Quantifying Integrated Physical and Behavioral Health Care in Medi-Cal
A resource to measure care across systems for adult Medi-Cal enrollees
Many adult Medi-Cal enrollees require care from multiple systems. People receive physical health services and mental health services for low acuity (“mild-to-moderate”) conditions from Medi-Cal managed care plans. County mental health plans provide specialty mental health services for serious mental illness, and county Drug Medi-Cal programs provide treatment for substance use disorders.
People Who Need Both Physical and Behavioral Health Care
People with serious mental illness and substance use disorders are at greater risk of physical illnesses including obesity, diabetes, and cardiovascular disease.1 Despite this increased risk, they are less likely to receive routine primary care.2 Social instability, motivation challenges, fearfulness, and stigma may all make it more difficult for people with serious mental illness to seek out physical health care, and accessing care in siloed systems can be particularly challenging because many of these patients require intensive coordination, outreach, engagement, clinical information sharing, medication reconciliation, and patient and family engagement.3
Unfortunately, we understand very little about how well the Medi-Cal program meets the needs of patients requiring care across these multiple systems. Managed care plans and county systems do not regularly exchange information about the patients they share. Providers in the various systems frequently complain that they do not know what kind of care their patients are receiving from other systems, including that someone in their care has been hospitalized. Medi-Cal enrollees themselves may face health risks if their primary care provider is not aware of their psychiatric prescriptions, for example. At the county and statewide levels, there is no comprehensive effort to assess the health outcomes of people who receive Medi-Cal services from multiple systems and who stand to benefit from improved integration efforts.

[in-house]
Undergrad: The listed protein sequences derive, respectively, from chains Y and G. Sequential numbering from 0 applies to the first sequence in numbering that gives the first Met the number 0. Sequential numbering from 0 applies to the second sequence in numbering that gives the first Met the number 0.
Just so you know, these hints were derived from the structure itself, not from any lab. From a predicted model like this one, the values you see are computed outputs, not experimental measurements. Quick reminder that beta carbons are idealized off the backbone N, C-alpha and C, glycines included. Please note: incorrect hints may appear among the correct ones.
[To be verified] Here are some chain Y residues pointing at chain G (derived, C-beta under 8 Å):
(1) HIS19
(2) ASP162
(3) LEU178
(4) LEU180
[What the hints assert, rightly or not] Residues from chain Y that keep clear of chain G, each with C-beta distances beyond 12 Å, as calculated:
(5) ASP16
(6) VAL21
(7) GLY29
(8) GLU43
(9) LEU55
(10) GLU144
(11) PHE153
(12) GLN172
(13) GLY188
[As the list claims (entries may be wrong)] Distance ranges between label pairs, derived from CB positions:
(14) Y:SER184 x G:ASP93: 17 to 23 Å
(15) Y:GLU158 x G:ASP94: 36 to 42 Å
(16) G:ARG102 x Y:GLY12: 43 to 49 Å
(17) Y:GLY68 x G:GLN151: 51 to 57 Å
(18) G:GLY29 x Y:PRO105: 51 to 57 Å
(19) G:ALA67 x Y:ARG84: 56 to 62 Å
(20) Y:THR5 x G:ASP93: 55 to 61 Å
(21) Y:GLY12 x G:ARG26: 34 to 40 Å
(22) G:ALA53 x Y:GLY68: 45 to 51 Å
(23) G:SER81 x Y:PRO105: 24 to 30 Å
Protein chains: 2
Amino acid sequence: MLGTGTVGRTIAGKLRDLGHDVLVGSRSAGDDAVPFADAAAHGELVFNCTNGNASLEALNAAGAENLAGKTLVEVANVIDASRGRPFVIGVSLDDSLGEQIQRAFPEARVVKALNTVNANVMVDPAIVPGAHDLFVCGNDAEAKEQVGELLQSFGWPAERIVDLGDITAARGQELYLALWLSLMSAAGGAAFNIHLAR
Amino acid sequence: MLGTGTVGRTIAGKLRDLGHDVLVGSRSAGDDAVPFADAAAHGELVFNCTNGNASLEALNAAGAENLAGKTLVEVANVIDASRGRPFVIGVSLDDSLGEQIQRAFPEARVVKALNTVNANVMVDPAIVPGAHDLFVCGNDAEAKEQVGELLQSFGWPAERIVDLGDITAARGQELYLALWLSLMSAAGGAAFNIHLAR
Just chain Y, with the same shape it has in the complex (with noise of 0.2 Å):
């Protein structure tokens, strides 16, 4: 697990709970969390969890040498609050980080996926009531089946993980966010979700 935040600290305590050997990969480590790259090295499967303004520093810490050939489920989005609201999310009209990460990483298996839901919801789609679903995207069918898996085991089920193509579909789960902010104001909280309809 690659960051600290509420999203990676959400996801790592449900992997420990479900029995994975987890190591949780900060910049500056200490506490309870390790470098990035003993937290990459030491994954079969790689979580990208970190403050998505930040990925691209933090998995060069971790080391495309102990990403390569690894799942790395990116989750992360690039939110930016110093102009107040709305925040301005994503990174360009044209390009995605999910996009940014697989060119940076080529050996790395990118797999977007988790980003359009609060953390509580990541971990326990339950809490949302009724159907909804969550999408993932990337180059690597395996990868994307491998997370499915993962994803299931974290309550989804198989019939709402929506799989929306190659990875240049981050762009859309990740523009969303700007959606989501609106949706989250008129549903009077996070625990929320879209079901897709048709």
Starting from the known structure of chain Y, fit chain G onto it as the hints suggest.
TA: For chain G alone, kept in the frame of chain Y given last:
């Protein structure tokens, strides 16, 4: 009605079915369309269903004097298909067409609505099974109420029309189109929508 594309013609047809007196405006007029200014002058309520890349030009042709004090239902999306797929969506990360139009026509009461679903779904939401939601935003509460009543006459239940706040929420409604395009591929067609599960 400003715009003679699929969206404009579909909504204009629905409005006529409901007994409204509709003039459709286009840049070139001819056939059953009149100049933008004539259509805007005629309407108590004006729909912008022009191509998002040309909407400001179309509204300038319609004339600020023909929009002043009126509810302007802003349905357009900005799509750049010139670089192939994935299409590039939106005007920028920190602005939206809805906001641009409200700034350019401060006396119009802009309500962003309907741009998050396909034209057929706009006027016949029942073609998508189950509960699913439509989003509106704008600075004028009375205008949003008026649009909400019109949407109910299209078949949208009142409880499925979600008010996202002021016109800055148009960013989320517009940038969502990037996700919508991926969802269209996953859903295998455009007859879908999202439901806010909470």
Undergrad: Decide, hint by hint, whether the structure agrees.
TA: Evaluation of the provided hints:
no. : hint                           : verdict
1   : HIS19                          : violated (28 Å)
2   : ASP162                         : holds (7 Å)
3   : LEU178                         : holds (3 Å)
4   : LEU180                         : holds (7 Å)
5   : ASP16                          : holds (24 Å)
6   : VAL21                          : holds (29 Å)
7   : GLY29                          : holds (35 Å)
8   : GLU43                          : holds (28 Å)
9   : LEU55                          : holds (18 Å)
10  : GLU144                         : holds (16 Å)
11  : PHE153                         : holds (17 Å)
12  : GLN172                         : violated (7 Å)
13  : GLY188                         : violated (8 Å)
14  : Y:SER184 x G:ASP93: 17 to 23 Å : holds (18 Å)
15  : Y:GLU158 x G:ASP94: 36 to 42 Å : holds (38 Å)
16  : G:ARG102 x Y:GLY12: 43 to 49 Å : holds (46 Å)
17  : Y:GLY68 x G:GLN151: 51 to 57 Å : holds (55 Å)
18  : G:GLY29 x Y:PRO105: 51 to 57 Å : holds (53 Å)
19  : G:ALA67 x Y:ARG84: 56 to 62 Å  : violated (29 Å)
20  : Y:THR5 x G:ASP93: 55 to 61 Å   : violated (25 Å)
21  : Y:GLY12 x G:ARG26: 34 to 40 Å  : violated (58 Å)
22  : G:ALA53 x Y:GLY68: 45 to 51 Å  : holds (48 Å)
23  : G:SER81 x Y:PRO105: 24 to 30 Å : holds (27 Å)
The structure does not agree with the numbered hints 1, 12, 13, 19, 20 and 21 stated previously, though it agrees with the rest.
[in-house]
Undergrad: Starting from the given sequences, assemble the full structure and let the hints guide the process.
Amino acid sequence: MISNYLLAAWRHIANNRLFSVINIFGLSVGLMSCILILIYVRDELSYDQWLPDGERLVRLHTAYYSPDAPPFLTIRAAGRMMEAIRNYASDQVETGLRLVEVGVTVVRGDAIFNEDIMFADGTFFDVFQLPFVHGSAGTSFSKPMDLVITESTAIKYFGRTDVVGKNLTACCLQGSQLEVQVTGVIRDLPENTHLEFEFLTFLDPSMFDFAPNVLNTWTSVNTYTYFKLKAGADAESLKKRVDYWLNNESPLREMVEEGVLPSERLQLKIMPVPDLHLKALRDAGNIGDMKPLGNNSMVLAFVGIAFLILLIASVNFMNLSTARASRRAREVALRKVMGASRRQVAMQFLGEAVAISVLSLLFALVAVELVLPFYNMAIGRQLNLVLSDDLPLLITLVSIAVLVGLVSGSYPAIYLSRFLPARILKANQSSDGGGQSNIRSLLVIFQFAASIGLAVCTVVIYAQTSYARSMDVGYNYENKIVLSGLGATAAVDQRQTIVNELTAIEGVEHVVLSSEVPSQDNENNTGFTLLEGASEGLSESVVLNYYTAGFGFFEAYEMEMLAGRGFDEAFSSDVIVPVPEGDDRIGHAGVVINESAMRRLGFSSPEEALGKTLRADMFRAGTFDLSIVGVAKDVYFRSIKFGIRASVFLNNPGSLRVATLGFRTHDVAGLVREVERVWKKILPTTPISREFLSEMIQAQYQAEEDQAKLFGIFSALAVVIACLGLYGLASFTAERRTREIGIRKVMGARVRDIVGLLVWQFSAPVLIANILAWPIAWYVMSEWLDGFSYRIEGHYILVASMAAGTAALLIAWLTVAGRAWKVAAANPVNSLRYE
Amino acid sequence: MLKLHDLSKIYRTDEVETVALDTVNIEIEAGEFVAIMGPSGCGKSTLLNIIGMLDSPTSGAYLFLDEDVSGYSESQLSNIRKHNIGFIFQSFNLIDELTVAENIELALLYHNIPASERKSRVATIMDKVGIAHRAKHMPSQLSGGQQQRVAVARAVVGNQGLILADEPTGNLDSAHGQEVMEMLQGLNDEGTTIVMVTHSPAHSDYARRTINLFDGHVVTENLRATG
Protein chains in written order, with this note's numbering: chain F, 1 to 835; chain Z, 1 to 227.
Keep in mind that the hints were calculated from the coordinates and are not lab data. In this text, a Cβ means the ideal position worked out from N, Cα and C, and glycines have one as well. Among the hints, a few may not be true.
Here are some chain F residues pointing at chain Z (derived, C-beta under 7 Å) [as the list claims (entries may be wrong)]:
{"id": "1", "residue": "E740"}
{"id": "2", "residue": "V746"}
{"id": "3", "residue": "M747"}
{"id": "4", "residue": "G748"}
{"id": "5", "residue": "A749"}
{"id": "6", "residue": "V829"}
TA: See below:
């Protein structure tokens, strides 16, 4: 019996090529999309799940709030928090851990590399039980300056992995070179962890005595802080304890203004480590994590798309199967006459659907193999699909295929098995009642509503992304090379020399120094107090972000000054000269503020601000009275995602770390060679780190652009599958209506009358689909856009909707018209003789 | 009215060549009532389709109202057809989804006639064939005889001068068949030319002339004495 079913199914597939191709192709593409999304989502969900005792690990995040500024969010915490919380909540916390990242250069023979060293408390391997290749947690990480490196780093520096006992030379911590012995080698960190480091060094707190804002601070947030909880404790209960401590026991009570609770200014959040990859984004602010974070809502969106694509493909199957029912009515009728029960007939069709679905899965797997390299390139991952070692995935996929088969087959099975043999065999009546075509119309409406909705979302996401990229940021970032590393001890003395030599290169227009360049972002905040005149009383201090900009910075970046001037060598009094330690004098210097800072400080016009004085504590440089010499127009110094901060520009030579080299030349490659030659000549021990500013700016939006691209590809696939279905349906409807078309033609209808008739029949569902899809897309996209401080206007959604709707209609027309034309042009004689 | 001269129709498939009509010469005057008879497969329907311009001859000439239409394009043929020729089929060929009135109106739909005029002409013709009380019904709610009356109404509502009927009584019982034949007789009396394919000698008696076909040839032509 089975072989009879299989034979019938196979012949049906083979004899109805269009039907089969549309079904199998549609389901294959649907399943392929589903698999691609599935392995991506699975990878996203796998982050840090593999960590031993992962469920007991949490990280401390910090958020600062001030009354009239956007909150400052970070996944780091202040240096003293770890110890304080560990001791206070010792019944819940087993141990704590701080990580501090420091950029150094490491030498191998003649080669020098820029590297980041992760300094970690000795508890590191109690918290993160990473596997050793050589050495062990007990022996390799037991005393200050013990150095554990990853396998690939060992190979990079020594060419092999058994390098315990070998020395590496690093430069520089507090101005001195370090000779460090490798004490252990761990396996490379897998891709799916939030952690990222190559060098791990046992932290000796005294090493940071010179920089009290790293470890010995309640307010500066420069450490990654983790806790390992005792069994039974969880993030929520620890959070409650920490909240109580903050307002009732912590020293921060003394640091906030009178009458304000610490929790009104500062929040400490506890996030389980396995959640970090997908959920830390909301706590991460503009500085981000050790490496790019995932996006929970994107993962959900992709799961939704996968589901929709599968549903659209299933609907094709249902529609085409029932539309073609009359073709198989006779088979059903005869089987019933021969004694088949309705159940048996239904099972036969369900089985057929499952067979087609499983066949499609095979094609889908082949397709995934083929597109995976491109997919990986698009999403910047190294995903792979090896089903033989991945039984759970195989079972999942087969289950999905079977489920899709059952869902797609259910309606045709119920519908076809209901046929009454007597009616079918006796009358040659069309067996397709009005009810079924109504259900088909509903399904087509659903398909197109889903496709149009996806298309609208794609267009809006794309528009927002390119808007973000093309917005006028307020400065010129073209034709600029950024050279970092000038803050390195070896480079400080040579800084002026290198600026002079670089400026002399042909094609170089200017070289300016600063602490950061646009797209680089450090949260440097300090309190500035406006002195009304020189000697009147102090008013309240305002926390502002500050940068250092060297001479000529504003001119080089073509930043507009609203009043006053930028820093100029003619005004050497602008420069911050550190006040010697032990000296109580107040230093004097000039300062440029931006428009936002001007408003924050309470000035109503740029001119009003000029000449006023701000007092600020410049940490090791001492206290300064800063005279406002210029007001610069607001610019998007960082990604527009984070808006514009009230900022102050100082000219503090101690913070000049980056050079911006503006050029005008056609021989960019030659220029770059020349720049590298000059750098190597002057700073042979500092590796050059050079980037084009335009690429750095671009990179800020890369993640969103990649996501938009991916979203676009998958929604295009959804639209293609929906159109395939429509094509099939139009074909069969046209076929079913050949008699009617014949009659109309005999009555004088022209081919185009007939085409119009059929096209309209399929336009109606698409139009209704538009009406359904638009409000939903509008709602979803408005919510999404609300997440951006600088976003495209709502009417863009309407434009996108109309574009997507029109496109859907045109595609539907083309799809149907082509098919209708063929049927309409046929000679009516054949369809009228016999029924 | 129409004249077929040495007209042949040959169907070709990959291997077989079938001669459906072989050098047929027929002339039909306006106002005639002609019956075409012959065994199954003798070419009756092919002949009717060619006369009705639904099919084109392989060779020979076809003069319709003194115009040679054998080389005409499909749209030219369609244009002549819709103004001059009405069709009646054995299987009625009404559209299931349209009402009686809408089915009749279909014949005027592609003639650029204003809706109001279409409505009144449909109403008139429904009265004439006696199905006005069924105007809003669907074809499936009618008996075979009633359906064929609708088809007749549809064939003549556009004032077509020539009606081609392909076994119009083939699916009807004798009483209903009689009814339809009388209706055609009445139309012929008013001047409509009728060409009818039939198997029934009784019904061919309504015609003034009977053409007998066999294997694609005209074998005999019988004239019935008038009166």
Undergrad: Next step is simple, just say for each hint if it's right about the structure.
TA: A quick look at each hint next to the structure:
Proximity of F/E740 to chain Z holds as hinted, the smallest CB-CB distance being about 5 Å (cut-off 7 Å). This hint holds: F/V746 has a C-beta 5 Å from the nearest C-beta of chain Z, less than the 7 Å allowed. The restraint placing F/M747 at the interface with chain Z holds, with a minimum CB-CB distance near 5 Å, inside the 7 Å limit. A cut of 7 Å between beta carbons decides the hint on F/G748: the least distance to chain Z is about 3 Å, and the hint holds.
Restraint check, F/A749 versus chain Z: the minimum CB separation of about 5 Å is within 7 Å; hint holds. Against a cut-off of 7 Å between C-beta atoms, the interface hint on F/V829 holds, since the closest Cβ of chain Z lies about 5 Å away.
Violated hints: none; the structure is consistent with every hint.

While several current Medi-Cal efforts, including the Whole Person Care pilots and Health Homes Program, are aimed at addressing these care integration challenges for specific populations of members, there is no comprehensive approach to measuring the impact of these integration efforts. It does not have to be this way.
Even in the current siloed system, there are some avenues by which to measure care across systems. In consultation with stakeholders and experts, the Blue Sky Consulting Group has identified a set of valid and reliable measures that managed care plans, county mental health plans, and county substance use disorder programs can collect, track, and use. With these measures, programs can quantify and monitor health outcomes for people who access (or should access) care across multiple systems — outcomes likely to be affected by the integration of care across systems.
Even in the current siloed system, there are some avenues by which to measure care across systems.
These measures are described in a table that provides specifications for each measure, including how to construct the measure, suggested comparison groups, and an assessment of the feasibility of implementation. The table is available under Document Downloads in two formats: a static version (PDF) and a sortable Excel spreadsheet (ZIP).